J.P. Morgan Chase strategists cut their forecast for the benchmark 10-year Treasury yield to 1.75% at year-end, after President Donald Trump's threat of tariffs on Mexico prompted fears that the economy will weaken further and the Fed will have to cut rates this year. The firm's prior forecast had been 2.45%.
J.P. Morgan and other firms changed their view on rate cuts following Trump's threat Thursday to slap tariffs as high as 25% on all Mexican goods. Trump said the tariffs will start at 5% on June 10 and accelerate each month, unless Mexico stops the flow of illegal immigrants from crossing the U.S. southern border.
The 10-year yield has fallen precipitously in the last several sessions, after declining through May. At the start of last month, it was at 2.55% and was as low as 2.07% on Monday. That yield is closely monitored even beyond the Treasury market, because it influences many lending rates, including home mortgages. The 30-year fixed rate mortgage has now fallen to about 3.94%.
"Until recently, our base case scenario was that the increase in tariffs would contribute to a further slowing in capex spending this year but that it would not translate to an outright deterioration in the economy. However, trade related headwinds to the growth outlook have continued to build, and our economists believe that the latest developments this week are likely to have lasting damaging effects on business confidence and should thus prompt the Fed to respond," the J.P. Morgan strategists wrote.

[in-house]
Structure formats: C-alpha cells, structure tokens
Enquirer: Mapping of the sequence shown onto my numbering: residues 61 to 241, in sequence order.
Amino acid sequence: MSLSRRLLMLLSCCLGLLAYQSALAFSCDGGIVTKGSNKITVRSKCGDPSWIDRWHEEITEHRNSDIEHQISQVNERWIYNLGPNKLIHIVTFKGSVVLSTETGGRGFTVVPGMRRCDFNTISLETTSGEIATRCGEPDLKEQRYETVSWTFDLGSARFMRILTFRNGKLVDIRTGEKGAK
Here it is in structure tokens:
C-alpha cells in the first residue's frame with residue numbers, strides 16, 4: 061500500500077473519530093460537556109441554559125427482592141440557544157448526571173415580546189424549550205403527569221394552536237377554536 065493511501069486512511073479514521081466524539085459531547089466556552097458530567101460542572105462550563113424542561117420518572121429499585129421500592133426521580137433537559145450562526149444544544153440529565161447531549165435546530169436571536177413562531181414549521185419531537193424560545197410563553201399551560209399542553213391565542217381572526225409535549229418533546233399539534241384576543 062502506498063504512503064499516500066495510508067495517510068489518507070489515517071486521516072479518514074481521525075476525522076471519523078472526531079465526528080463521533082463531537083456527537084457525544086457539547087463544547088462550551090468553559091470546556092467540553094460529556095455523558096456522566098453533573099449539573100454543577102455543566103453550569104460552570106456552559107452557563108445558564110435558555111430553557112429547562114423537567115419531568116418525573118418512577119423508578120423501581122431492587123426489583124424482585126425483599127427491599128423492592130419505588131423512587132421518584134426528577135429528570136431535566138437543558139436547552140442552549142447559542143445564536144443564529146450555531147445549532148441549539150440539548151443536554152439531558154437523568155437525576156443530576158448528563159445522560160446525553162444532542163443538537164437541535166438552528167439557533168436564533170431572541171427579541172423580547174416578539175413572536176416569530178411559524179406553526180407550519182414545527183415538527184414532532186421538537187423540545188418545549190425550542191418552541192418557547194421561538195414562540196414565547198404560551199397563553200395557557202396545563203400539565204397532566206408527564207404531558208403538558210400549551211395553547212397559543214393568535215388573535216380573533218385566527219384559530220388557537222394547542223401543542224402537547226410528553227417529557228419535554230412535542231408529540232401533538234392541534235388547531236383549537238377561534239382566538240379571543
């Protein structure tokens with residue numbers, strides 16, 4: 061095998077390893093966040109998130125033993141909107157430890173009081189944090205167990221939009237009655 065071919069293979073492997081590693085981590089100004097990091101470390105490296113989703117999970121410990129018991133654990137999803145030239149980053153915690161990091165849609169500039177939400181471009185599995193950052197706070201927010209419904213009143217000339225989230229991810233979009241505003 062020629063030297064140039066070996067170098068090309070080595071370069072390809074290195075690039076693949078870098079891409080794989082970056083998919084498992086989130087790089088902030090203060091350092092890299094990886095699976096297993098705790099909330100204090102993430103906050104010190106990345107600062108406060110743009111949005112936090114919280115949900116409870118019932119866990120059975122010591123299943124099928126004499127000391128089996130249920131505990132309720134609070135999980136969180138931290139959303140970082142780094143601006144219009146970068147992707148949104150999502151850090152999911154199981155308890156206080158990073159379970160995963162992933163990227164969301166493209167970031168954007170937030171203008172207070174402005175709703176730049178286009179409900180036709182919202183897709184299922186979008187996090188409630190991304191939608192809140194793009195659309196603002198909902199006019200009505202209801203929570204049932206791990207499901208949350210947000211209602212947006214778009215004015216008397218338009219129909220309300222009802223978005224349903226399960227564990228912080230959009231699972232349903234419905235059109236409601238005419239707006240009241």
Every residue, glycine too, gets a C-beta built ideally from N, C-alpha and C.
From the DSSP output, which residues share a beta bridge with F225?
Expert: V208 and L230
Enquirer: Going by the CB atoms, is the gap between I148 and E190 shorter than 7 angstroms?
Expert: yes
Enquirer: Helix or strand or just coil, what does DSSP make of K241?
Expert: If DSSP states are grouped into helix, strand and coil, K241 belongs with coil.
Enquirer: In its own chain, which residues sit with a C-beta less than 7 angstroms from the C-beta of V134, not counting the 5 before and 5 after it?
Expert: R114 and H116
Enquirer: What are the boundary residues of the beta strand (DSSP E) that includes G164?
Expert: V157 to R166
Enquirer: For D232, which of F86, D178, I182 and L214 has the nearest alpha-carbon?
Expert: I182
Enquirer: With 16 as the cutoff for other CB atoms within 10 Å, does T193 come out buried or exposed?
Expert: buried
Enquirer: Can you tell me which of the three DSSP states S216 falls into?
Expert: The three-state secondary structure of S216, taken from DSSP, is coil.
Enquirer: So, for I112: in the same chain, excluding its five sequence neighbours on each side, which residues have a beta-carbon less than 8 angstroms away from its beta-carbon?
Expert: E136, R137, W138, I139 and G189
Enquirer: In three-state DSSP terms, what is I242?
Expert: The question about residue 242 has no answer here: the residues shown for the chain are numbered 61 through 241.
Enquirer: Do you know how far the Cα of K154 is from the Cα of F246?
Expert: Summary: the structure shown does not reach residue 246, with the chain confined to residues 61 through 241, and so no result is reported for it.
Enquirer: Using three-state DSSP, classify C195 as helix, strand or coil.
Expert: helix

They said the firm expects a 25 basis point rate cut in September and another in December. The firm also trimmed its third-quarter GDP forecast by a quarter point to 1.5% growth. It expects second-quarter growth of 2%.
Bond strategists have said the Treasury market is now reacting to the idea that the trade wars are open-ended, and the president could move ahead with tariffs on other trading partners. There is also concern that the trade rift with China is deepening and will hurt the global economy.
The J.P. Morgan strategists also expect the 2-year, which more closely follows the Fed, to fall to 1.40% from its current 1.88%. The firm's prior target had been 2.25%.